Your Who Am I Brand Story
Last week we looked at how one of Australia’s leading companies ignited the passion of its team by participating in a creating your personal brand story workshop
Today we will go even deeper by looking at establishing your Who Am I Brand Story. Professional brand stories can help you identify fundamental dimensions of your work life. What is your professional role? Your contribution? Why are you doing what you are doing? What are your strengths? How have you leveraged them?
A professional brand story offers insight into values that you could jot down in a simple, self-descriptive list. Maybe you call yourself ethical, innovative, loyal and supportive of your colleagues. The story adds substance, texture and clarity to those values, with the potential to be vivid and memorable. Sometimes the story has a single defining moment, but often the story involves a journey. It may have to do with career choices, a mentor’s guidance and / or lessons learned from successes or failures
My first ever ‘real’ job was working for The Original Juice Co. My brief was very clear. “Pick up ten new accounts each and every day.” As I was naïve this seemed a reasonable request. As I reflect it could easily fit into my ‘tenacity’ story repertoire. Don’t just list the attribute. Choose a story to bring it to life.
Why did you choose your career or join your organization? What motivated or inspired you? Is there a story that reflects your rationale – and your excitement about the decision?
My first ever job at CUB was in response to the following brief: “we need to prove we are agile and not a dinosaur…and we need a beer out in the marketplace in less than 90 days.” Now this could have been a story about how a project team brought Pure Blonde to the marketplace in 76 days. I see it as a story of how a CEO had the courage to back a team and focus on the process “launch a beer in less than 90 days” than the dollars “don’t care if we only sell 2000 case, just want to prove we as an organization can do it”. This vision gave the project team the gift of not fearing failure.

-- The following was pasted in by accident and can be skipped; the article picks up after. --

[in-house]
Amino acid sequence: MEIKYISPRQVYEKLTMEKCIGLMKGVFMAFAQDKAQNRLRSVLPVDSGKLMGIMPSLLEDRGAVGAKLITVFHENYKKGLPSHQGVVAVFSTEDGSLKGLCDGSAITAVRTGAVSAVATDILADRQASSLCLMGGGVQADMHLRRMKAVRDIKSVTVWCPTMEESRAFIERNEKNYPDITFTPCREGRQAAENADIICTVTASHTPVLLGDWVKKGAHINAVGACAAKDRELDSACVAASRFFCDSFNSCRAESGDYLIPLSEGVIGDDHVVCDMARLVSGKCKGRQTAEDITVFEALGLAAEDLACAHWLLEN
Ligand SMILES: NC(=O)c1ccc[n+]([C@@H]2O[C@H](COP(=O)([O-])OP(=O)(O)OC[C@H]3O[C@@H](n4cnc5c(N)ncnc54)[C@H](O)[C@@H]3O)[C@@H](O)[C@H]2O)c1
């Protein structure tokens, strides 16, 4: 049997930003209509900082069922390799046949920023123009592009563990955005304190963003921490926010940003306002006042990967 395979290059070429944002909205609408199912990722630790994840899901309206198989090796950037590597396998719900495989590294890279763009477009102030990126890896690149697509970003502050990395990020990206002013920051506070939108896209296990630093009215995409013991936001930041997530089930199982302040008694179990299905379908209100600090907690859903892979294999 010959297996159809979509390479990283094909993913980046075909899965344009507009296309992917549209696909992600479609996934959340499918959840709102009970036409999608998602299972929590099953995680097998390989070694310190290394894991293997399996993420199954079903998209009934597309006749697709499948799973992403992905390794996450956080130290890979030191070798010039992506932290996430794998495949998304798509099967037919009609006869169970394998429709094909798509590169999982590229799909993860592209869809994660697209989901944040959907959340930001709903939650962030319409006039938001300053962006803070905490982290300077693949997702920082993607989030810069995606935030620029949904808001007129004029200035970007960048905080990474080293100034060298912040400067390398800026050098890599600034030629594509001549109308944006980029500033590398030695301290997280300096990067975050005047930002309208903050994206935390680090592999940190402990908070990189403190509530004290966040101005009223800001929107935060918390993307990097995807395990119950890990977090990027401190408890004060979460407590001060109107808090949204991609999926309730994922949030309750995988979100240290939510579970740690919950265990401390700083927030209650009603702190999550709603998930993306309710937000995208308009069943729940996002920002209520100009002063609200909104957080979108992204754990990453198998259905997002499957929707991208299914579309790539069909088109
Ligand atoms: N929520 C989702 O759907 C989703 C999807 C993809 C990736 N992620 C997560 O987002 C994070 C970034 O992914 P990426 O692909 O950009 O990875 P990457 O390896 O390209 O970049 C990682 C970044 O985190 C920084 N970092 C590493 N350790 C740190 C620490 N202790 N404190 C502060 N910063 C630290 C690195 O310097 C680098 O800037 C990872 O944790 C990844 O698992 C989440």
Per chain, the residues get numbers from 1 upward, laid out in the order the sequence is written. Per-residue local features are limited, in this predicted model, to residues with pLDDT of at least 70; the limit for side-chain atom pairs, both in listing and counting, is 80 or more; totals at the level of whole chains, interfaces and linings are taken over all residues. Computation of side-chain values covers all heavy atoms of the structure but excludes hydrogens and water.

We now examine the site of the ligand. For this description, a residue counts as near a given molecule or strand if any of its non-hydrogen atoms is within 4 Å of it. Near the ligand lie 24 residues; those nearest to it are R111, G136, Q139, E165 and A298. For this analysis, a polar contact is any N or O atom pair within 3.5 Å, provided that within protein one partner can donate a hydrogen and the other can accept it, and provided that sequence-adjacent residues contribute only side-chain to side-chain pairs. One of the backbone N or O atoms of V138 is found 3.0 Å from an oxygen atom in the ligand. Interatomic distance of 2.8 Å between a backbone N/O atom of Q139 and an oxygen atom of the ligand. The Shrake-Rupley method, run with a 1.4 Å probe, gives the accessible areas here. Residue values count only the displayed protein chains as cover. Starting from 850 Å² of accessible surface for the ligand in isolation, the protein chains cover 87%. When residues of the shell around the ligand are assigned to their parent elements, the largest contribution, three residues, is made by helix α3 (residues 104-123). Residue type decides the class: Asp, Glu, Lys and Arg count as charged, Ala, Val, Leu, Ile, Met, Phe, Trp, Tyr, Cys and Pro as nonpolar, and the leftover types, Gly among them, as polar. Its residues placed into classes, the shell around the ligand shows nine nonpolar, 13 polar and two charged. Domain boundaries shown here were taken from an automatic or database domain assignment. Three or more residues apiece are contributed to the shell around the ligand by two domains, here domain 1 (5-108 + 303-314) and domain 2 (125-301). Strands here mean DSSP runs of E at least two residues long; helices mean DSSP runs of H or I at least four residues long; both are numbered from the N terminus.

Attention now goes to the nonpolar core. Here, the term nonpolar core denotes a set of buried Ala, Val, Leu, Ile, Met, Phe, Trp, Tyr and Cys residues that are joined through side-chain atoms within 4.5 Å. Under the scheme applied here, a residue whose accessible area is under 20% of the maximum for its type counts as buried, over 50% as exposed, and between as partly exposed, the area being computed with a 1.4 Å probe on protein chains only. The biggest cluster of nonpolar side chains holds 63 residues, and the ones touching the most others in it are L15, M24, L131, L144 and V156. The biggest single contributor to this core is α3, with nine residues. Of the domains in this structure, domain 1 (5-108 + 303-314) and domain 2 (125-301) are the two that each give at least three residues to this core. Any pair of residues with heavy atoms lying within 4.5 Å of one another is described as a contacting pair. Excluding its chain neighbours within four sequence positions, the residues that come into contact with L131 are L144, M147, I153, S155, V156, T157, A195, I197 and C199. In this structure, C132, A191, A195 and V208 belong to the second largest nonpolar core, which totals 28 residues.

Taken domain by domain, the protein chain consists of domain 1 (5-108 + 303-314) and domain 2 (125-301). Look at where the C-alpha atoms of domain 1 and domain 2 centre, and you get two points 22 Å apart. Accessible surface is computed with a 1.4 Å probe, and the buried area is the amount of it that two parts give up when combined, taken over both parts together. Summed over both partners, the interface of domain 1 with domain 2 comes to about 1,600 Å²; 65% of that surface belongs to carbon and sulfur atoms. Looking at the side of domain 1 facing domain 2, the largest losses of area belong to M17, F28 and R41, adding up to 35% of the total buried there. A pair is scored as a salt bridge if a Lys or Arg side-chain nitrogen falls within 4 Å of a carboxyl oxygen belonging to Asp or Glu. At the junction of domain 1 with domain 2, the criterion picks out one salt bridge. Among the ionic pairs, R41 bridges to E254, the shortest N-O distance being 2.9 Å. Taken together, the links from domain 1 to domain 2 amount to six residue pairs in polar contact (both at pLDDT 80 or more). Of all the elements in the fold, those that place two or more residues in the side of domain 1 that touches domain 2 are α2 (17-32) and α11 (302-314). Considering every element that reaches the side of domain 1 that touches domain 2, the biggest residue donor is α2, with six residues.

My favourite corporate story came when a new Fosters CEO gave me the permission to bring a Marketing Capability program to life. “We don’t have a budget for this, but you can hire a ‘gun’ to assist with the development. I ‘poached’ Tim Ovadia and together with a great team we launched & implemented globally ‘FAME’ – Fosters Achieving Marketing Excellence. It is still the highlight for many of us involved.
Reflect on your success stories, or other enjoyable times in your career. Too often, they become lost in the jumble of daily life. Yet they can say much about your strengths and skills – and can thwart the temptation to view your life and job as boring and inconsequential. What were the successes about? What motivated your program or initiatives? How were they developed and carried out? What worked and what didn’t? What were the outcomes?
Stories of success can demonstrate your accomplishments and breadth, perhaps illuminating talents you hadn’t realized were there. Together, these “I can do that” moments show your skills aren’t as narrow as your current job might imply – and that you are capable of much more.
Failure stories can provide insights as well as learning opportunities. What was your most significant failure? How did it happen? What lessons did you learn from it? How did it make you a better professional? Was a personal weakness involved? If so, how might that weakness be lessened, neutralized or removed? Such stories make the lesson more visible and more tangible.
Reflecting on your “Who am I” brand stories can be healthy because they provide a realistic assessment of who you are as a person and where you are in your career. They also reduce a tendency to underplay your organizational role and achievements. Finally, these stories allow you to relive your experiences at some level, and to savor them. Without these stories, the savoring is all too short-lived.